Faces of the Battle River Watershed

October 4, 2011

New PhotoVoice!

The Battle River Watershed Alliance has received funding for PhotoVoice 2012! We will be hosting the program in 3 areas- Wainwright, Stettler, and Special Areas. For more info check our website http://www.battleriverwatershed.ca/news-and-events and follow us on Twitter and Facebook!

January 12, 2011

"Swan Lake Ballet"

Swans play on the thin November ice on Little Beaver Lake.
-Marilylle Soveran

A rich and diverse landscape

I consider myself to be a very fortunate Albertan because I live in an area that is a little piece of paradise. From my living room window I have an amazing view of Coal Lake. It takes me only 3 minutes to walk down to the lake where I often hike on the Waskaheagan Trail. The sense of beauty I derive from walking along the trail where I see deer, beaver, all kinds of birds, and the occasional eagle is one of the greatest motivators for me to be a good steward of the land. One of the greatest things we can do to thank nature is by taking care of it now for future generations.
-Marilyn Heggerud

November 25, 2010

Perspectives from Pigeon Lake

This video was created by Hugh and Marg Sanders, who live at Pigeon Lake.

October 28, 2010

When Stones Remember Us

"The cemetery of St. Peter's Lutheran Church on Hwy 53: we harvest what earlier generations planted. What might the next generations receive when stones remember us?"
-Alan Richards


"Shells by the shore -- a reminder to me of the many creatures that live as unseen neighbours. I'd like to learn more about creatures in the water."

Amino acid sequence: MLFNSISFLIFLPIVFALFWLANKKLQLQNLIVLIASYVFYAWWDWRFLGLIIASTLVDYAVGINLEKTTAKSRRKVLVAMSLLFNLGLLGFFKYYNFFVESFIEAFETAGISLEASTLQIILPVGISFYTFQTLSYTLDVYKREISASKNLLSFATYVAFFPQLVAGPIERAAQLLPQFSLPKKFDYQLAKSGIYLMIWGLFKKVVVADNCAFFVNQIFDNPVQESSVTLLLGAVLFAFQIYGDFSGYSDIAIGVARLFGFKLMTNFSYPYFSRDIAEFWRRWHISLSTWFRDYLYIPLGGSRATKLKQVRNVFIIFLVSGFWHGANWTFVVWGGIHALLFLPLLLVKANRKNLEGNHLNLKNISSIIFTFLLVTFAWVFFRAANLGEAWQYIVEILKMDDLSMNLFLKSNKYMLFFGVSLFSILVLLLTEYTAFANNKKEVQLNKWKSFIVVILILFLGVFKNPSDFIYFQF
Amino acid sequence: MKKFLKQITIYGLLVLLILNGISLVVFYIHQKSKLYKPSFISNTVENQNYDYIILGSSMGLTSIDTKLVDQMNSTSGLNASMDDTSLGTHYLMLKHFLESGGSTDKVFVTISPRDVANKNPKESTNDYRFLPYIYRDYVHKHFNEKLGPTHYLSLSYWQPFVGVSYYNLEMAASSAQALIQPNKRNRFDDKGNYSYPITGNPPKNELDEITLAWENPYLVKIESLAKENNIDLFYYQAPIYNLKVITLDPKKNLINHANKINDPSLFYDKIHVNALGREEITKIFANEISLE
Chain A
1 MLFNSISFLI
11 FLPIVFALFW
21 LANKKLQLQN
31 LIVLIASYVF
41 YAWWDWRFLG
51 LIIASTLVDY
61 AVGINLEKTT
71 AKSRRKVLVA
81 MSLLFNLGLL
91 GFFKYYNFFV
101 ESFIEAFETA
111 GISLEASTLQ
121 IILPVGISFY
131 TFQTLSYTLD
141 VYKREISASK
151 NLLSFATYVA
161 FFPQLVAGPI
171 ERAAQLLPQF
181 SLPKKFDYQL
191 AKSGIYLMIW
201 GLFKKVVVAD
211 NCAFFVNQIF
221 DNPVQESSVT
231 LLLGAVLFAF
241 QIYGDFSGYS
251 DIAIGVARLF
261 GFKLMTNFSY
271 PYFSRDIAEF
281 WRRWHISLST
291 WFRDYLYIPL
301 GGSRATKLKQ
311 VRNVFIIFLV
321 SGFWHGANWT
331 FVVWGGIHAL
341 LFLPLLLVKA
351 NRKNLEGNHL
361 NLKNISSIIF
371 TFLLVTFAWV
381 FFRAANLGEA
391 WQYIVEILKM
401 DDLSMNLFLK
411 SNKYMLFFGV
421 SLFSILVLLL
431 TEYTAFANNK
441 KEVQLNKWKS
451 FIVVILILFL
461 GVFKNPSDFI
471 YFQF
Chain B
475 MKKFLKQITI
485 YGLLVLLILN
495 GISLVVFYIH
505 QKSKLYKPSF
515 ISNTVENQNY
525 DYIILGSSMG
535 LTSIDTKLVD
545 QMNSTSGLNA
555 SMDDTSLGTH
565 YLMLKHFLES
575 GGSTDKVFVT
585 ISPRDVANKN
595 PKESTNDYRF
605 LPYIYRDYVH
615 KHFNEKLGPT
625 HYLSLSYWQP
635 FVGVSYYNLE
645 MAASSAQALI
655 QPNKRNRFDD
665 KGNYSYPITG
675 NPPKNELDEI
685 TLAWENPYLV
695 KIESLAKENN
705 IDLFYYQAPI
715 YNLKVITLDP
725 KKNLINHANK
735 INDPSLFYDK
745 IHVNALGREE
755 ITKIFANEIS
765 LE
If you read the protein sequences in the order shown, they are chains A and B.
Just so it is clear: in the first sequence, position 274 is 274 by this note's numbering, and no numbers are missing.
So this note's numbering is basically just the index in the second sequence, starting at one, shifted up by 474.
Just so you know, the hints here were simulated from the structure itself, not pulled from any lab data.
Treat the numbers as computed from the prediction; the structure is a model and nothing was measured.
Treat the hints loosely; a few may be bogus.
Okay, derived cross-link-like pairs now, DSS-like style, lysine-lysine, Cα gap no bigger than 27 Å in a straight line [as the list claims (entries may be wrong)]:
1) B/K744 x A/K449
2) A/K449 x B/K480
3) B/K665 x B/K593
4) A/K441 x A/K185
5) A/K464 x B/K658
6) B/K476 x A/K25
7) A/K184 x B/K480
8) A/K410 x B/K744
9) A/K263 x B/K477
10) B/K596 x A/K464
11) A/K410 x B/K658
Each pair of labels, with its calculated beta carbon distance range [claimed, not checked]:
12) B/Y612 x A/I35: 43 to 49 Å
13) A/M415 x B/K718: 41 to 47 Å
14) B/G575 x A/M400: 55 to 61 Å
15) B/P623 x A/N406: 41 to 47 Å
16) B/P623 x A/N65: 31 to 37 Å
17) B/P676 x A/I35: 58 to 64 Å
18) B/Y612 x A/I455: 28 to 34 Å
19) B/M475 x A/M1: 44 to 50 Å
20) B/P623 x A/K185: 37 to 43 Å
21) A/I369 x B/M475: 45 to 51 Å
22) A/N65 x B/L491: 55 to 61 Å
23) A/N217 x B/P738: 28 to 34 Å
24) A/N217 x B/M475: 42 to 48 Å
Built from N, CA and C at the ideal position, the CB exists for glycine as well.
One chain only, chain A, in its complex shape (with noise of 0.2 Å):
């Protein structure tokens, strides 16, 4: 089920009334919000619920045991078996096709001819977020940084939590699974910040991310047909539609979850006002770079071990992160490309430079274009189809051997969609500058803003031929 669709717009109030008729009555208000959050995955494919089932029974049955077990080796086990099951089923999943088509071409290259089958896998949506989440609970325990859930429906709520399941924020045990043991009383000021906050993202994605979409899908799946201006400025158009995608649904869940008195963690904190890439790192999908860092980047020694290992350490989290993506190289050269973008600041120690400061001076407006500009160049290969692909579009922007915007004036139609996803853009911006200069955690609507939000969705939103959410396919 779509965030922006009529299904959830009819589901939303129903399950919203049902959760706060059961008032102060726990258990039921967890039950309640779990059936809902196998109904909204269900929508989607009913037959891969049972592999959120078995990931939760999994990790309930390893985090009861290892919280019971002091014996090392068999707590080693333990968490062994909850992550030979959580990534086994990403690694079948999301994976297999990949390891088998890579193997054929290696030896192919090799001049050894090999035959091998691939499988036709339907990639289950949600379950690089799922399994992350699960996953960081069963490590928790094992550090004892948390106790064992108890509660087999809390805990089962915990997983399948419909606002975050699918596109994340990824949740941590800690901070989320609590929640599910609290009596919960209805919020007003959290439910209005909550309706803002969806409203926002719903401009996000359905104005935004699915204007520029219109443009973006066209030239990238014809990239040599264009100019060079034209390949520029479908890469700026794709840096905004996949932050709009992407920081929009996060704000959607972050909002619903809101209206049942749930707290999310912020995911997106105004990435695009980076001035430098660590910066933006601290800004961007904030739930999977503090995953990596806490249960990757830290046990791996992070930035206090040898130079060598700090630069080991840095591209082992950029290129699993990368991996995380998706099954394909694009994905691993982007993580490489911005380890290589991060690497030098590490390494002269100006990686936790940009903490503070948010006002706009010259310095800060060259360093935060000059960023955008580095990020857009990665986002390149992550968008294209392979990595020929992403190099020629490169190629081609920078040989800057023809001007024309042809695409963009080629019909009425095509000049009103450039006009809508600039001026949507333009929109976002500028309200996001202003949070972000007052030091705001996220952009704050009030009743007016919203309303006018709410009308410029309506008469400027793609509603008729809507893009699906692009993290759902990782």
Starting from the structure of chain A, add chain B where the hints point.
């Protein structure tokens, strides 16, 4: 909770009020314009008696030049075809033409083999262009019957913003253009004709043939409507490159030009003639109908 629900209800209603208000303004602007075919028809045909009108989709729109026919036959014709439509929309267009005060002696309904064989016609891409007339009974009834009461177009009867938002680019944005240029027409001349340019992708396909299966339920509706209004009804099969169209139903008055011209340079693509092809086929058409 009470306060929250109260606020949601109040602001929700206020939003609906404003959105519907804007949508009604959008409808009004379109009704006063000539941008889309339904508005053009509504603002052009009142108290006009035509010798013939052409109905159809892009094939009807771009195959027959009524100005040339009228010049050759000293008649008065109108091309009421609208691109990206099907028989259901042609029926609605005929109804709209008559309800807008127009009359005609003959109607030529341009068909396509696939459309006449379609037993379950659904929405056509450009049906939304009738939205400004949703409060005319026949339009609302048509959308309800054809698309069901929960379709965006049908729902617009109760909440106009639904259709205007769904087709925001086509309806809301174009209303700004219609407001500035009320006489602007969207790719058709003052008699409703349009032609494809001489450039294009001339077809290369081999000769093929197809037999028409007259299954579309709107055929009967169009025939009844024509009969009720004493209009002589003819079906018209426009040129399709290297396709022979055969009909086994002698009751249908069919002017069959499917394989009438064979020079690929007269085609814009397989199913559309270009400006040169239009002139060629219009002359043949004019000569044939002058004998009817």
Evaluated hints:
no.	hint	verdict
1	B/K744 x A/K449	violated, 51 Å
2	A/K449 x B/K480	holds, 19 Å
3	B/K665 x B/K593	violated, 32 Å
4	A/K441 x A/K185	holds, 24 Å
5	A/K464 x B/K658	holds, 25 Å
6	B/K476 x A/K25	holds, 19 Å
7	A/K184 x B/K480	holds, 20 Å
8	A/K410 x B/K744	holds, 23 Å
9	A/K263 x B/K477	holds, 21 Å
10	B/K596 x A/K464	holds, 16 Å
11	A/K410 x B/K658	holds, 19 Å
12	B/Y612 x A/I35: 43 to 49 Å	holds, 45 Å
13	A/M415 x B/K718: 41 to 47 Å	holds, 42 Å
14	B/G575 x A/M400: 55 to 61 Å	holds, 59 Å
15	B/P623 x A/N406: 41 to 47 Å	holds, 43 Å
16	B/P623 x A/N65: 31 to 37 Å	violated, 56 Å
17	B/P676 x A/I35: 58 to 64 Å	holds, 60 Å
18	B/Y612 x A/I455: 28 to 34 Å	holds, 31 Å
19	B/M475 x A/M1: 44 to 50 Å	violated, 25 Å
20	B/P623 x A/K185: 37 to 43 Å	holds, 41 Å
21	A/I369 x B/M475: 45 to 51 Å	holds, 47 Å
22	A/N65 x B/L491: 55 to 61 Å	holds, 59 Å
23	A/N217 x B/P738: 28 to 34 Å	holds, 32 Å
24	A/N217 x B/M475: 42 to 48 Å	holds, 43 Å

-Marilylle Soveran

July 13, 2010

Connections from Saskatchewan

Connections from Saskatchewan

This is a picture of a landscape near my hometown of Turtleford, Saskatchewan. A three and a half hour drive away from Camrose, I have rarely considered the connections between here and there. These connections are, however, profound. Many of the same issues that face the Battle River watershed also face Turtleford and area. The Turtle River (more of a creek, really) flows through Turtleford before reaching the North Saskatchewan River to the south. Though the Turtle and Battle rivers are part of separate sub-basins, they are both part of a greater whole: most immediately, the North Saskatchewan River Basin. Two landscapes that I had previously viewed as vastly different and disconnected from one another are really intimately connected. This realization has taught me that all our actions have consequences that go far beyond our immediate surroundings. When it comes to water, these consequences can literally flow from community to community, province to province, and even around the world.

-Sarah Skinner

July 7, 2010

Wolf Creek Fall

Wolf Creek Fall

This picture was taken 200m from the historic C&E Trail. The deadfall is from beaver activity. Typically this area floods in the spring. The land owners keep riparian vegetation healthy and allow only temporary access for grazing and watering. They have achieved a good balance.

-Shayne Steffen

Photo by Wayne Ungstad

July 5, 2010

The Eagle

This is who I answer to.
-Wayne Ungstad